Ultimatum given to Nylex silo site developers to clean up heritage listed site
The developer behind the proposed revamp of Richmond’s neglected Nylex site has been given 21 days to clean up the former maltings buildings on the banks of the Yarra – or face hefty fines.
Caydon Property Group fought a lengthy planning battle against Yarra Council and ultimately won the right to develop about 1000 apartments on the site in several stages.
But the project has not yet begun. Part of the site burnt down last year, and a second fire caused significant damage. The site is also regularly broken into by people wanting to climb to the building’s rooftop.
The Nylex clock and the wider Richmond Maltings site, which were built in the 1850s to brew beer and store grain, are protected on the Victorian Heritage Register.
In recent decades the site was made famous by Paul Kelly’s song Leaps and Bounds, the video of which was shot on the roof of the silos in the shadow of the heritage-listed but now defunct clock.
Heritage Victoria has now served Caydon with a notice to address the ongoing deterioration at the site.
Its “show-cause” notice demands the company repair boundary fencing, stairs, ladders and gantry walkways to block trespassers, secure doors and windows to protect the building from the weather, and carry out any other works needed to prevent vandalism and fire.
If Caydon doesn’t carry out the works demanded, the company can be fined up to $773,000 or more, Heritage Victoria executive director Steven Avery indicated.
Mr Avery said it was disappointing the site had been repeatedly vandalised and damaged by fires, and the site needed to be secured immediately.
“Failure to secure this site will lead to significant fines, imprisonment or both,” Mr Avery said.
On repeated inspections, Heritage Victoria, Yarra Council, police and the fire brigade have found the site to be poorly secured, despite repeated warnings to Caydon to block access to trespassers.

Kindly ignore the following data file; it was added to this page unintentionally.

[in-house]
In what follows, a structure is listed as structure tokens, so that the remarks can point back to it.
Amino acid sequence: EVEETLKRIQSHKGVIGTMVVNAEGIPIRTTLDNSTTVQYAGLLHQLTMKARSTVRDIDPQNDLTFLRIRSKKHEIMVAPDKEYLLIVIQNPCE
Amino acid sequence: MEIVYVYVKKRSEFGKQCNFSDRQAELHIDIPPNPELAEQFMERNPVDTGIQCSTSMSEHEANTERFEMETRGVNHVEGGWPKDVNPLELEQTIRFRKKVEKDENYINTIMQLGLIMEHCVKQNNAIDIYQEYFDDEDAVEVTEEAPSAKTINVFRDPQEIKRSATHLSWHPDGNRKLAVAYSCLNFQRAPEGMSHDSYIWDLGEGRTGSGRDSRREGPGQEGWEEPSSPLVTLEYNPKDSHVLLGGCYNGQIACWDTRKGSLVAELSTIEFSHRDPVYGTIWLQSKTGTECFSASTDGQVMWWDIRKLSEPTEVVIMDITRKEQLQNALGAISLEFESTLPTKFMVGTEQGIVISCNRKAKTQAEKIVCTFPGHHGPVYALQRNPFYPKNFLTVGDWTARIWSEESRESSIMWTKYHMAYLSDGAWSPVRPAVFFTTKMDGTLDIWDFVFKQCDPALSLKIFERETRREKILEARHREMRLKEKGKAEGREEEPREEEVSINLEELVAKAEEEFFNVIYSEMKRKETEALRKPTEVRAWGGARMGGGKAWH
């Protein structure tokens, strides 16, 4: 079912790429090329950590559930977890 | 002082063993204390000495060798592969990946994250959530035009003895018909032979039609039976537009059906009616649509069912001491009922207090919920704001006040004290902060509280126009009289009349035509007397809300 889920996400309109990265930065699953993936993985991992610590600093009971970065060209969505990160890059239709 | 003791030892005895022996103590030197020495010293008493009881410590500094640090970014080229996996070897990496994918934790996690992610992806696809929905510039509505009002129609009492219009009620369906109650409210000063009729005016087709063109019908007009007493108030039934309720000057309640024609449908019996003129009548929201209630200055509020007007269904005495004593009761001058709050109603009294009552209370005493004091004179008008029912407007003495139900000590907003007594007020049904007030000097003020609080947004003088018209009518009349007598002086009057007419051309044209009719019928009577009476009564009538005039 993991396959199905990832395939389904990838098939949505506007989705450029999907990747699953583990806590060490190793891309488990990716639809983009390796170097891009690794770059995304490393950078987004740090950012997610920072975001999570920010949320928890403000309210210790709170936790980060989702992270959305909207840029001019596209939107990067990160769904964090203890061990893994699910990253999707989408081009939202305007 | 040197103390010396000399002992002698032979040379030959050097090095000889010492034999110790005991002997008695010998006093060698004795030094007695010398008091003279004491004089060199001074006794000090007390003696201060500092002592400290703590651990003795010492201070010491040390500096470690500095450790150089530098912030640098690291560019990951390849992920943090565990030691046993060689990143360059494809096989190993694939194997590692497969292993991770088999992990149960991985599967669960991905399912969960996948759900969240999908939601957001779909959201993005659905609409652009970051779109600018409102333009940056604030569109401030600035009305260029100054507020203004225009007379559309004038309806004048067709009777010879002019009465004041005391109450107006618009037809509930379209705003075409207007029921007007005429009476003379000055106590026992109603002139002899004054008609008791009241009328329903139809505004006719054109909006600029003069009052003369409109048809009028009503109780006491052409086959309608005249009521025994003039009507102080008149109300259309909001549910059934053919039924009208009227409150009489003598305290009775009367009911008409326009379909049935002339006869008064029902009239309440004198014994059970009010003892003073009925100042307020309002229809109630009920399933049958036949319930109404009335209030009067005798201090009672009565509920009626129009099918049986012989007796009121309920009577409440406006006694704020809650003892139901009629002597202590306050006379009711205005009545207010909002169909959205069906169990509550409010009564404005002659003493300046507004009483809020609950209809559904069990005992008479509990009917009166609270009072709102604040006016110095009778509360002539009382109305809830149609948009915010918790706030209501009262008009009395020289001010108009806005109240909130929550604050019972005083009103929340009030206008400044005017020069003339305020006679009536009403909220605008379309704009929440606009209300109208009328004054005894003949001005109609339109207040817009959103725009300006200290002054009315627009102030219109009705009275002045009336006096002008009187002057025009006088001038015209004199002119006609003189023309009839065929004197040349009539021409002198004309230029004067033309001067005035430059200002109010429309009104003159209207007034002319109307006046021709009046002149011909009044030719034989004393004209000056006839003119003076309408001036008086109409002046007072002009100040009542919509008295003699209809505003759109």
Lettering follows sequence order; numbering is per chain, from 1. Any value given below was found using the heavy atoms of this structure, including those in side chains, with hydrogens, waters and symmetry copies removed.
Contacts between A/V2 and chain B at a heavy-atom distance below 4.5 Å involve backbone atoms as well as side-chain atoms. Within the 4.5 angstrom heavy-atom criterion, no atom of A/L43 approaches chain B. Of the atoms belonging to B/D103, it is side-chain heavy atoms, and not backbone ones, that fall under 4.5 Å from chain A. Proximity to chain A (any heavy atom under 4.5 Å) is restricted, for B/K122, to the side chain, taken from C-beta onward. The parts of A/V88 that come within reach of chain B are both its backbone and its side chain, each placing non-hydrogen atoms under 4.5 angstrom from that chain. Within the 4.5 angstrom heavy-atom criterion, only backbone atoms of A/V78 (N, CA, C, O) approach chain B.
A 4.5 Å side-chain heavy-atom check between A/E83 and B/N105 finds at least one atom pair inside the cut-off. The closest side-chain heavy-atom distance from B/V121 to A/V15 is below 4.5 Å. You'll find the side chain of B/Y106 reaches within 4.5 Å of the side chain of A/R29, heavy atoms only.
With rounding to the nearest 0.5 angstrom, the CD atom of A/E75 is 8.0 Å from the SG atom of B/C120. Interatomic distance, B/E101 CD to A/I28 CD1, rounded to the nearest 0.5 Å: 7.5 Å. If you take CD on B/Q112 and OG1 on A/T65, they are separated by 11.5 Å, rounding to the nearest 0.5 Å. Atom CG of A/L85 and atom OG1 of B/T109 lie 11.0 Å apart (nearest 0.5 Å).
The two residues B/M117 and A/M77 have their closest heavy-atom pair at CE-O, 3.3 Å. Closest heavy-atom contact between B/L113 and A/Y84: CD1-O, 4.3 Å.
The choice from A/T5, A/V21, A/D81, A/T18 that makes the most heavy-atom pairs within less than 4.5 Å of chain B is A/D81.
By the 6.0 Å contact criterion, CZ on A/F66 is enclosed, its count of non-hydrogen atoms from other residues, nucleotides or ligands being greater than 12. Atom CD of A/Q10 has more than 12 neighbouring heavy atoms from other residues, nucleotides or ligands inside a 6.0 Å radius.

The Heritage Act requires an owner to not allow a place to fall into disrepair.
Planning Minister Richard Wynne said it was outrageous the site had been allowed to deteriorate, and that the government would move to protect the building, which was an important part of Melbourne’s public history.
Caydon spokesman Brian O’Neil said the works suggested by Heritage Victoria “cannot be undertaken without exposing workers to risk from asbestos and buildings damaged by fire”.
Mr O’Neil said the company had engaged heritage architects, Lovell Chen, to discuss the Heritage Victoria notice with state authorities.
The company’s officers had recently met authorities including police, the fire brigade, Yarra Council and Heritage Victoria on site to resolve ongoing safety concerns and the protection of heritage buildings, he said.
Mr O’Neil said the company’s view was that “development is the only way to fully mitigate unlawful entrance to the site”.
And he said there were a range of measures in place to prevent unlawful access, including fencing, hazardous material warning signs, locks on all external gates and doors and random security patrols.
Source: The Age